New Report Details Systematic Rape of Rohingya Women And Girls As 'Tool of Terror'
Sexual violence is being wielded as a weapon in a wider campaign of ethnic cleansing.
In Bangladesh, persecuted Rohingya women are opening up to reporters about yet another sickening aspect of their harrowing expulsion from their homeland.
According to a disturbing new report from the Associated Press, security forces in Myanmar have been using the systematic rape of women and girls as a “calculated tool of terror” and a critical part of the ethnic violence against Rohingya over the past four months.
More than half a million Rohingya people have fled violence in Myanmar since it erupted in August. Many are now living in refugee camps in neighboring Bangladesh. The United Nations has called Myanmar’s attacks on Rohingya Muslims — an ethnic minority in primarily Buddhist Myanmar — a case of “ethnic cleansing.”
Now, nearly 30 women between the ages of 13 and 35 who were interviewed by the AP say that rape was a systematic part of that cleansing. Though they came from “a wide swath of villages” across Rakhine state — the historic home of Rohingya people — their accounts shared striking similarities.
Most women described the Myanmar security forces surrounding a village and then separating the men from the women, slaughtering the men and children, and then taking the women to another location and gang raping them, the AP reported. The women then had to walk on foot to Bangladesh, often while still bleeding and injured from the attack.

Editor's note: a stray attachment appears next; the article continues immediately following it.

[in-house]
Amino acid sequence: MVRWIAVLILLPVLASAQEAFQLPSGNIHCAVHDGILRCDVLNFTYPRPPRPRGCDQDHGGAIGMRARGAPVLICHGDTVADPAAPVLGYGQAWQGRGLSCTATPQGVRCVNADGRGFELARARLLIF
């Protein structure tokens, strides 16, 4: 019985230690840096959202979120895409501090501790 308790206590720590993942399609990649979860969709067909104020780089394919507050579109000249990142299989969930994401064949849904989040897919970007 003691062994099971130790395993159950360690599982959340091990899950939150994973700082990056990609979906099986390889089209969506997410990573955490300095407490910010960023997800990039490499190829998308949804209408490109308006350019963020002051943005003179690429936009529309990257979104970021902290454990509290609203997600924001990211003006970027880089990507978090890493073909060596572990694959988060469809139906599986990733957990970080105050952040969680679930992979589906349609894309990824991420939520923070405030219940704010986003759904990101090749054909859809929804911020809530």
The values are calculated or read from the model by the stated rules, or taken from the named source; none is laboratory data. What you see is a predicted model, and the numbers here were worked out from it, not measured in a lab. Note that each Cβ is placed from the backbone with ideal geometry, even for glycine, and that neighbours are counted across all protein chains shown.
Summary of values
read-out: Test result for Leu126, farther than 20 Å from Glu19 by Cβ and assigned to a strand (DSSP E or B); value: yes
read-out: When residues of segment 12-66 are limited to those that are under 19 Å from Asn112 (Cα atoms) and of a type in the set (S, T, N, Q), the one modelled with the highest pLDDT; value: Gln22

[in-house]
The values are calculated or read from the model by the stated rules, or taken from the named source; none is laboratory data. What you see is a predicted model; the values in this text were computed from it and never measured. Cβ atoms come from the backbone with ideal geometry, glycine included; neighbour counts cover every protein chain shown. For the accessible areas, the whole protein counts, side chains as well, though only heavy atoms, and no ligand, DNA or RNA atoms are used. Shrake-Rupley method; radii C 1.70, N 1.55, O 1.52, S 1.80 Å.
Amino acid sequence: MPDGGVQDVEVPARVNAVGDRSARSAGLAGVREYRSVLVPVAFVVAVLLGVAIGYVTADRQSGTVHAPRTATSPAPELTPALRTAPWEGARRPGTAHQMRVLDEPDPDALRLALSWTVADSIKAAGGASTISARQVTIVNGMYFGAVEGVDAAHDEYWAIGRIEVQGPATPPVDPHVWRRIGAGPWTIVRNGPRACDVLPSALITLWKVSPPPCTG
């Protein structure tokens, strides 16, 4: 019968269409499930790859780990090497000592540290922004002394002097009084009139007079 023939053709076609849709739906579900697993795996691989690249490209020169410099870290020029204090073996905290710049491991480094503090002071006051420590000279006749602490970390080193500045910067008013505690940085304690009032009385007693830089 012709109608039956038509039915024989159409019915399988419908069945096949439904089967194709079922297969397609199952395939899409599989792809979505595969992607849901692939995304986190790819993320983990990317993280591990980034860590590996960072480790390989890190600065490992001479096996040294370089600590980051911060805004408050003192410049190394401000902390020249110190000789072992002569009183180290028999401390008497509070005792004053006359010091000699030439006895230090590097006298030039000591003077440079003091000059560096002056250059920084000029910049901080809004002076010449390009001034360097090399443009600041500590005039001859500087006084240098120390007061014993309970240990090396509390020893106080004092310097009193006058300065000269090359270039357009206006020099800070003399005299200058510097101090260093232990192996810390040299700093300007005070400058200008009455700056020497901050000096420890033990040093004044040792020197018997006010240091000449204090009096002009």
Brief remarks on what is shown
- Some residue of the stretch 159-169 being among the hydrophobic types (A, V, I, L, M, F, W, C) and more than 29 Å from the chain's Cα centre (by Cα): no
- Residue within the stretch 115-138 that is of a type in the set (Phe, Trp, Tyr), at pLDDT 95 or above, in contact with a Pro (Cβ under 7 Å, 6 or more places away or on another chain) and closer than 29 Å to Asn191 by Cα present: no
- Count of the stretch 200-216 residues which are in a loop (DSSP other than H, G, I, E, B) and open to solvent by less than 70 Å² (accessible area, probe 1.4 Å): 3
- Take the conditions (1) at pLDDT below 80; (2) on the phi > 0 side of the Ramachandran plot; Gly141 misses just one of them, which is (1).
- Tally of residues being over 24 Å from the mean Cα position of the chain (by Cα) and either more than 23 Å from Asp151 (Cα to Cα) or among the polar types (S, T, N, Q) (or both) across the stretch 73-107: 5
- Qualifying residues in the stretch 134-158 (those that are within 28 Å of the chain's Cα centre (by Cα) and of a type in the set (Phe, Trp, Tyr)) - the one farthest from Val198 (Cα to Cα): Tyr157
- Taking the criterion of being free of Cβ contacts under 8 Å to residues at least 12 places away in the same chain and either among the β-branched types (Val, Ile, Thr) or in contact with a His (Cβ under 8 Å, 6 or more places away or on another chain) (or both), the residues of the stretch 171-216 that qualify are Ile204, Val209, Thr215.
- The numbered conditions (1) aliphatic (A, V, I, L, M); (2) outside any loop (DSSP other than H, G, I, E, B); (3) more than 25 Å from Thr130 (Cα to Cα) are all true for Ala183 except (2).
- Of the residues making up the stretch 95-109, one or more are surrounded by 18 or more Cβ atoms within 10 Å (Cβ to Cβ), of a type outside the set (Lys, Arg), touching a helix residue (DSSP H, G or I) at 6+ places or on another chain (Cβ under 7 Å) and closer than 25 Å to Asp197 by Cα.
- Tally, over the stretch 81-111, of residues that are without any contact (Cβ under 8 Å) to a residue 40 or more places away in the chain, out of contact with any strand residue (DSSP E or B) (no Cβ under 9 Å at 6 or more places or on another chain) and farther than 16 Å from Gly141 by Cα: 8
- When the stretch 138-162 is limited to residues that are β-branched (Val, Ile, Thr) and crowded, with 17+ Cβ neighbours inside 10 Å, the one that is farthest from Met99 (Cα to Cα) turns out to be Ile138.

The Interviews with the survivors of sexual assault living in refugee camps paint a picture of a cruel and inhumane campaign of using sexual violence to inflict fear among the Rohingya people.
The youngest victim was a 9-year-old girl.
“There was a sickening sameness to their stories, with distinct patterns in their accounts, their assailants’ uniforms and the details of the rapes themselves,” the report reads. “The rape of Rohingya women by Myanmar’s security forces has been sweeping and methodical.”
AP notes that Medecins Sans Frontieres — known in the US as Doctors Without Borders — has treated over 113 cases of sexual assault among Rohingya since August, though they suspect many more women were reluctant to come forward. Earlier this year Human Rights Watch also released a report about widespread rape among the Rohingya.
HRW noted that most women who spoke about their assault were raped by several men in uniform at once. Injuries resulting from this violence left them in need of immediate medical attention, severely psychologically traumatized, and in some cases pregnant. HRW concluded that these actions, amidst a litany of other violent acts carried out against the Rohingya since August of 2017, amounted to crimes against humanity under international law.
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The government of Myanmar, a majority Buddhist country formerly known as Burma, has been in conflict with the Muslim Rohingya people for many years. Clashes between the two groups have been escalating since 2012, and now more than half a million Rohingya refugees have fled their homeland as Myanmar security forces continue to carry out the violent expulsion campaign.
AP’s report brings to light more difficult details that describe the reality of life for the world’s most persecuted group. Forced from their homes, subjected to unimaginable violence, and robbed of safety and security, many of the women interviewed for the report felt robbed of their entire lives.
“I have nothing left,” one victim told reporters. “All I have left are my words.”
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